It would be hard to overstate the city-wide trauma that occurred in Crown Heights, Brooklyn in August, 1991, nor the power of “Fires in the Mirror,” the groundbreaking documentary play about it nine months later at the Public, which introduced New York theatergoers to the astonishing theater artist Anna Deavere Smith. That power comes roaring back in a revival at Signature that, for the first time, features an actor other than Smith.
On August 19, 1991, Gavin Cato, the seven-year-old son of immigrants from Guyana, was fixing his bicycle on the sidewalk in front of his home on President St., when the driver of a car in the motorcade of Rabbi Menachem Schneerson, the rebbe of the Lubavitcher Hasidic Dynasty, lost control of his vehicle and plowed into Gavin, killing him. The tension between black and Jewish residents of the neighborhood ignited into riot, and a day later, Yankel Rosenbaum, a 29-year-old Australian studying in New York for his PhD. , was walking in the neighborhood when he was surrounded by young black men, and stabbed and beaten to death.
“When things are upside down,” Anna Deavere Smith explained at the time, “there is an opening for a person like me” – by which she meant for an artist.
Smith recorded interviews with more than 100 people about the events in Crown Heights, and about the myriad complex issues that they raised, such as the meaning of identity and community and race. She presented more than two dozen of the people as characters on stage, portrayals that reproduced verbatim not just their words, but their verbal tics and gestures.
Her performance was extraordinary. A film adaptation of it directed by George C. Wolfe, is available on YouTube
How much of the show’s power was a result of her unique talents as an actor? That was my question before attending the revival of “Fires in the Mirror.” Michael Benjamin Washington answers that question, giving a fine performance and at the same time demonstrating the intrinsic strength and artistry of Smith’s work.
“Fires in the Mirror” offers, without judgment and with implicit compassion, a breadth of personalities — rabbis and reverends, activists and everyday residents — with views that conflict, contradict, supplement or concur. But how they present themselves and what they say also often resonate way beyond what happened in Crown Heights. Indeed, the playwright waits until almost halfway through the nearly two hour running time to bring up the events at all. The first to speak is playwright Ntozake Shange (who died last year) who discusses what identity means, followed soon thereafter with another playwright George C. Wolfe (then artistic director of the Public Theater) on what it means to be black, keeping intact their mix of eloquence and incoherence, and even slips of the tongue: Wolfe says: “I mean I grew up on a black – a one-block street –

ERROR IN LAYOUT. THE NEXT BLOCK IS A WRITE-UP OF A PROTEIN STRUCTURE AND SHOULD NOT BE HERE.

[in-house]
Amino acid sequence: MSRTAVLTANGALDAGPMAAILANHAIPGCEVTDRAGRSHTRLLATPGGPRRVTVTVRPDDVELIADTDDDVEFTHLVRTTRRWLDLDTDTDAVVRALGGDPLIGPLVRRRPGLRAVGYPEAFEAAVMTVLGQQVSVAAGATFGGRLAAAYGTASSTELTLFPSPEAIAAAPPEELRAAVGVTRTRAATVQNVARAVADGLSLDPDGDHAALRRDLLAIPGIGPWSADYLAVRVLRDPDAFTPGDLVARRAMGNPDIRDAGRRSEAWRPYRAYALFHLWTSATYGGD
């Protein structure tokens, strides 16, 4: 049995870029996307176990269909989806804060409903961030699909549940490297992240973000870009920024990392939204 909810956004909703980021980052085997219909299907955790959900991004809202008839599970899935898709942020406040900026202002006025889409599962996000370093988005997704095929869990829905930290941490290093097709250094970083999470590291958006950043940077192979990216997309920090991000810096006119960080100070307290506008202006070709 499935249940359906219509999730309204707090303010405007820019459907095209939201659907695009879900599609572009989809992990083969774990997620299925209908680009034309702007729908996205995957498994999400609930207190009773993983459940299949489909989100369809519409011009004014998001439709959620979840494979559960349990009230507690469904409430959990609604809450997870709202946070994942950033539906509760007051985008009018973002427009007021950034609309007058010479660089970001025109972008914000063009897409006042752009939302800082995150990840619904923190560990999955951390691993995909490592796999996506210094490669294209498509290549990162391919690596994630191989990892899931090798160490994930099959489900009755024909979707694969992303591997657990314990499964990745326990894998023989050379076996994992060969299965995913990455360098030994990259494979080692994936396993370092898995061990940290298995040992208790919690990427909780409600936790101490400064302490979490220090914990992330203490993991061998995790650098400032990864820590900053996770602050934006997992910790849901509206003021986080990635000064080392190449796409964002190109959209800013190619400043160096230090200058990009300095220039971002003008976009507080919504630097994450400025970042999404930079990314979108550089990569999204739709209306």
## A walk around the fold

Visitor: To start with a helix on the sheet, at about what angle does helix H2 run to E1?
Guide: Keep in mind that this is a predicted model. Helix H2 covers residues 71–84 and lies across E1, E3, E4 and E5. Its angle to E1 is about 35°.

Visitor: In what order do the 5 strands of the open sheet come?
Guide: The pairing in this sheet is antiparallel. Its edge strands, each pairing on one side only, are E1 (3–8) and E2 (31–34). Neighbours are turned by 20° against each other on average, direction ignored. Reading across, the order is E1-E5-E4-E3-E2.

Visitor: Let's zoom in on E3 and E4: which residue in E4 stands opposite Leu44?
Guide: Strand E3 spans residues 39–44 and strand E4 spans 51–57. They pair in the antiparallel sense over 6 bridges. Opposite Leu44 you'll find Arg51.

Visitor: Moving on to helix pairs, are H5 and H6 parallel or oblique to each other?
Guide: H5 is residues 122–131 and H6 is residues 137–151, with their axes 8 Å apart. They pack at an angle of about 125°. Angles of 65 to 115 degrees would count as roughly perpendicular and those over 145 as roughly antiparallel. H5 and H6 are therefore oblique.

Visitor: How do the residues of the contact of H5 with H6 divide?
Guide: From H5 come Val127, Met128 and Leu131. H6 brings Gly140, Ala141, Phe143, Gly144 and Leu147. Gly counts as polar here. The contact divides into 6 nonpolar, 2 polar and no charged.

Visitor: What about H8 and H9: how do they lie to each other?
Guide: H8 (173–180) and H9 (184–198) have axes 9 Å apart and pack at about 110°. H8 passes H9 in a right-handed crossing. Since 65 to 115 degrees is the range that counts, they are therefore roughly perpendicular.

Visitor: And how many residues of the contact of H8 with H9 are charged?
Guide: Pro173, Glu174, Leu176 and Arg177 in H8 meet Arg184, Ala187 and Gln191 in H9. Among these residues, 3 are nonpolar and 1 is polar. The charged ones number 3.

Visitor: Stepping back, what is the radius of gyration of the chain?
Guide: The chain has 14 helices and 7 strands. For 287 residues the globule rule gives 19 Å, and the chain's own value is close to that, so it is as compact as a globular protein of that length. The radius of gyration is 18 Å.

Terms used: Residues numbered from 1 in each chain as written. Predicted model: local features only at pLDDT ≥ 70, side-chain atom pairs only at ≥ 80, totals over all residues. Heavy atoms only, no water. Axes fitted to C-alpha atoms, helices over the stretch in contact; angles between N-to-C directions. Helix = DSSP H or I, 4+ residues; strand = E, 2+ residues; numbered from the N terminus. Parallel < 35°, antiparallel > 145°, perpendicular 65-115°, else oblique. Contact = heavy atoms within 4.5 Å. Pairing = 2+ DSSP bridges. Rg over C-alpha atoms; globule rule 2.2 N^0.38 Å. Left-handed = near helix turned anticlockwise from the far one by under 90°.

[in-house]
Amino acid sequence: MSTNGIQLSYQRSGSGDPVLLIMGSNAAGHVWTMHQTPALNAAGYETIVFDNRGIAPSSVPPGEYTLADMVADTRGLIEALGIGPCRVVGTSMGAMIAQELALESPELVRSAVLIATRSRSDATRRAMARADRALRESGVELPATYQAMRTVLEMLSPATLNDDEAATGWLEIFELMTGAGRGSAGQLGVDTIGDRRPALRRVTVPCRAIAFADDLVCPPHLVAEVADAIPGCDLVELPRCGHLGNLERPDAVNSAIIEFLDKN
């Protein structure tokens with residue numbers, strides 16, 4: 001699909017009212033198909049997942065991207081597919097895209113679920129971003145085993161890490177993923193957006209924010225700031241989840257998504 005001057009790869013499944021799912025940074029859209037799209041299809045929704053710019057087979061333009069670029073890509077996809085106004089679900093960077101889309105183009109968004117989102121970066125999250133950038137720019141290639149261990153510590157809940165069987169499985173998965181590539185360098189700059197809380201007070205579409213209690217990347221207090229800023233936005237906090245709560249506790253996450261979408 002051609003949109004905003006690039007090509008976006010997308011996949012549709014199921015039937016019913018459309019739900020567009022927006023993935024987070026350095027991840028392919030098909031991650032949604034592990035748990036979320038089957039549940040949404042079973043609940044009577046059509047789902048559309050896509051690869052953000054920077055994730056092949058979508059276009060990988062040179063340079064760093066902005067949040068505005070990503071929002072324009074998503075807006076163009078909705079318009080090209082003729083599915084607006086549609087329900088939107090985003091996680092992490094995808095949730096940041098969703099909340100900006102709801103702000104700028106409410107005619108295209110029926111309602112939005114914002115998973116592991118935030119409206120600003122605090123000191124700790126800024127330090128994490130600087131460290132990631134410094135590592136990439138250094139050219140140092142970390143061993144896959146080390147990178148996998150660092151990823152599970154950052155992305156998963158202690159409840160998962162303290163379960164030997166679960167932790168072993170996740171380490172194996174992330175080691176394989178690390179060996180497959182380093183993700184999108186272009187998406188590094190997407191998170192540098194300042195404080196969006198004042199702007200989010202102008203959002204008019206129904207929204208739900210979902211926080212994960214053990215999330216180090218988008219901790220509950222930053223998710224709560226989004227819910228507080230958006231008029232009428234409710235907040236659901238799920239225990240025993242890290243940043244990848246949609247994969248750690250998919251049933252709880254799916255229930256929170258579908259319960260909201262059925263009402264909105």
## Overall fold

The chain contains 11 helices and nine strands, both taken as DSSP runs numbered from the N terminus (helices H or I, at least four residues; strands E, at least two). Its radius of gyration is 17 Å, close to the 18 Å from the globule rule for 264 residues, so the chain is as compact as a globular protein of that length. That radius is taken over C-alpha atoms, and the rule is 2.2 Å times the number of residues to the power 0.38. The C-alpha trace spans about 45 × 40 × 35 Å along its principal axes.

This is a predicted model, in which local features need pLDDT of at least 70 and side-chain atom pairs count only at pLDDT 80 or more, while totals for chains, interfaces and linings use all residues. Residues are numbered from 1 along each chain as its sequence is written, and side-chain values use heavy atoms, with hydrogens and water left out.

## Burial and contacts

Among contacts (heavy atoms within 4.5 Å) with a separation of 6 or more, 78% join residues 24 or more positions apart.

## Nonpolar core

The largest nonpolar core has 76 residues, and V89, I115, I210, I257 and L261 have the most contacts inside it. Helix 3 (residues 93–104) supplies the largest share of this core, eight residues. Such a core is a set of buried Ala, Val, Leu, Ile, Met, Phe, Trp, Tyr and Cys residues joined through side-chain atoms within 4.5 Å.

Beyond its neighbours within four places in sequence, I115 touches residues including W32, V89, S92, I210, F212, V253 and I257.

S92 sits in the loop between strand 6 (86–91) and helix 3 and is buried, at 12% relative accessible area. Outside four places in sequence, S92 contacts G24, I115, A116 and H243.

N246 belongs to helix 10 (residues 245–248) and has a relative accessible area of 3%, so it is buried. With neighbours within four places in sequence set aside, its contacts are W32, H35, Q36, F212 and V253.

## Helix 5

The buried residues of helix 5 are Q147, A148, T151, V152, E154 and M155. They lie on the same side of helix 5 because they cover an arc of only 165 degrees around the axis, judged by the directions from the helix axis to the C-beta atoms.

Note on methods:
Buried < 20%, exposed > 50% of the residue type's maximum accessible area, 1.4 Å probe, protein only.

that was black.” In-between the two playwrights is an anonymous Lubavitcher woman who tells a long, hilarious story of enlisting a non-Jewish boy from the neighborhood to turn off her radio during the Sabbath. There are many subtle juxtapositions that explore both similarities and differences, and suggest a bit of hopefulness among all the tragic disagreements and misunderstandings . When we first meet the activist Al Sharpton, he talks only about why his hair is the way it is — he made a promise to his mentor and friend the singer James Brown to keep it that way for the rest of his life. Sharpton is followed immediately by Rivkah Siegal, a graphic designer and Lubavitcher who talks about the five wigs she wears, and the religious reasons for doing so, and how she’s ambivalent about it all.
These portraits, none lasting more than a few minutes, offer a context for the events when we hear about them, devastating monologues from such devastated figures as Gavin Cato’s father and Yankel Rosenbaum’s brother.
It is easy to feel that “Fires in the Mirror” transcends the particulars of its immediate subject, and see the Crown Heights conflict as a lesson from the past bracingly relevant to more urgent matters today. But we’re fooling ourselves if we think what happened in Crown Heights is safely in the past. At a talkback I attended after the play, two proud residents of the neighborhood (one black, one Jewish) told how irksome it is that every article about Crown Heights, no matter what the subject, seems to mention the riot in the first paragraph. On the other hand, as recently as 2011 I attended an art exhibition called “Crown Heights Gold” at the Skylight Gallery of the Bedford Stuyvesant Restoration Corporation, in which 23 Brooklyn artists tried to make sense of the riot on its twentieth anniversary. Photographer Jamal Shabazz exhibited two photographs of happy families: one Hasidic in a park, another Afro-Caribbean on a stoop. Both were entitled “What If?” — meaning, what if Gavin Cato and Yankel Rosenbaum had lived? What would they and their families look like?
Like it or not, the Crown Heights riot continues to affect us in ways direct, and indirect, and strange. Many blame the riot for the defeat of Mayor David Dinkins, the first black mayor of New York, by a former federal prosecutor, Rudy Giuliani; that first election is arguably what set off the sequence of events that has him currently all over the news.
Those three dozen works of arts at that Crown Heights exhibition were asking the same questions that “Fires in the Mirror” continues to ask, among them: How do you turn death into art? Can that art heal?
Fires in the Mirror
By Anna Deavere Smith. Directed by Saheem Ali. Scenic design by Arnulfo Maldonado, costume design by Dede M. Ayite, lighting design by Alan C. Edwards, sound design by Mikaal Sulaiman, projection design by Hannah Wasileski, dialect coach Dawn Elin-Fraser.
Cast: Michael Benjamin Washington
Running time: One hour and 50 minutes, with no intermission.
Fires in the Mirror is on stage through December 15, 2019